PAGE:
But what she does say serves its purpose which is to inform us that she’s dejected over his leaving, wallowing in regret and wishing he’d return enough to send him this letter… or telegram… or maybe the record itself, telling him what he already knows when she reminds him You Are Gone.

So we can surmise he’s not getting any new insight from her and neither are we, but at least we ARE getting a pretty good performance in her own voice for a change. The choices she makes all work well, not just because her coiled delivery fits the narrative, but also because it allows us to sense her power without having her unleash it. The control she shows here is excellent, deploying a technique that someone like Faye Adams would make the centerpiece of her entire persona starting next year.

Adams generally had better songs and arrangements than this however, as the musicians who’d turned in such a fine performance on Them There Eyes largely miss their mark on this half, not by hitting bum notes or anything, but rather by letting the horns take an alternate route than the rest of the instruments.

Think of it like calling a running play in a football game where the fullback and tight end are supposed to be blocking, but instead they go out for short passes over the middle while the linebackers drive the poor halfback ten yards into the backfield for a loss.


I Won’t Rest ‘Til I’ve Found You
These wandering horns never completely upend the song, but they cause it to lose its sense of melodic direction (though at times it harkens back slightly to Ivory Joe Hunter’s brilliant I Need You So, a Number One hit from 1950) which at this modest pace is not something Dillard can render insignificant as she might’ve done if it was at a breakneck tempo instead.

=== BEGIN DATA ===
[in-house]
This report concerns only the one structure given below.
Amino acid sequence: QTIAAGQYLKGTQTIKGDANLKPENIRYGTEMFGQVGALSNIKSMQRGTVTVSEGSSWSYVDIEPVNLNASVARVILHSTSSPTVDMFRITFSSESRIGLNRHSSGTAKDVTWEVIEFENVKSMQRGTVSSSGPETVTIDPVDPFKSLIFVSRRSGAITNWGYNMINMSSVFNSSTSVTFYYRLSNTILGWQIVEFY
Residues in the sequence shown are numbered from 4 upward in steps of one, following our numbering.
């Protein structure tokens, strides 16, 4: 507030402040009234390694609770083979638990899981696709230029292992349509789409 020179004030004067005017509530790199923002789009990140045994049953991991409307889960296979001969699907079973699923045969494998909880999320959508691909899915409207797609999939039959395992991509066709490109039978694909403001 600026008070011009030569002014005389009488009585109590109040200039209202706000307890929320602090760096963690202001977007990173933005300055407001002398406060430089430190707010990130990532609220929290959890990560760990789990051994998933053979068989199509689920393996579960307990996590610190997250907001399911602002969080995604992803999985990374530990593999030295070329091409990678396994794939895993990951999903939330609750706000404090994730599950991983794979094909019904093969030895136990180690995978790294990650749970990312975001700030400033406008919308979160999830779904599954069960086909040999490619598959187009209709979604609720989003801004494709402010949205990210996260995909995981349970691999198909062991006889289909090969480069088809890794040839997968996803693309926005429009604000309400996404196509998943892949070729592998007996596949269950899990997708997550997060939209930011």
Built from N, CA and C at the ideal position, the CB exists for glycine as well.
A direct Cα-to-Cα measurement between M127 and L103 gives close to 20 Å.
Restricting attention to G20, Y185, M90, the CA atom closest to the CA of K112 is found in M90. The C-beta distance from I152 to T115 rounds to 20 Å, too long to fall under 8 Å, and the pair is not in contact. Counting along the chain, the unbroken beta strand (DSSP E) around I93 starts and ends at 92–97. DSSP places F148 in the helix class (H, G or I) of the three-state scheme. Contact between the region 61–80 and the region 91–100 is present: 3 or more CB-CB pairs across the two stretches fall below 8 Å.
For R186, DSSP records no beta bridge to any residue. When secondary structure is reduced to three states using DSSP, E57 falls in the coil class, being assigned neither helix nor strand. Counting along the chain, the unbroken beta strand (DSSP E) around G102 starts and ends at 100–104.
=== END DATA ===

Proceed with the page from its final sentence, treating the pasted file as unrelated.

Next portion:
We actually do get a nice passage from the sax right before the bridge, something that seems to be heading towards a solo but pulls back before committing to anything noteworthy.

Without that – and without a change of pace by Dillard to act in much the same way – You Are Gone gets a little tedious down the stretch, as we’re getting no satisfactory resolution to the story, just the same downhearted perspective served up again, while the musical side of the equation is content to just coast home.

They’ll get home alright, safe and sound in their own beds, so we can’t call it a total loss, but considering it’s one of our few chances to hear the REAL Varetta Dillard – her own thoughts expressed with her own voice – we have to bemoan the lack of effort by her cohorts to make this really worthy of her.

Unless of course you’re somebody who thinks that maybe this was what she would’ve amounted to without more controlling hands guiding her course.

Nah. She may have needed some co-writing help and a producer with a better imagination, but with a voice like she’s got Dillard is clearly outdistancing those in the studio with her on this one proving what we’ve suspected all along… namely that with the right people around her she could’ve been a much more consistent hitmaker than she was.


(Visit the Artist page of Varetta Dillard for the complete archive of her records reviewed to date)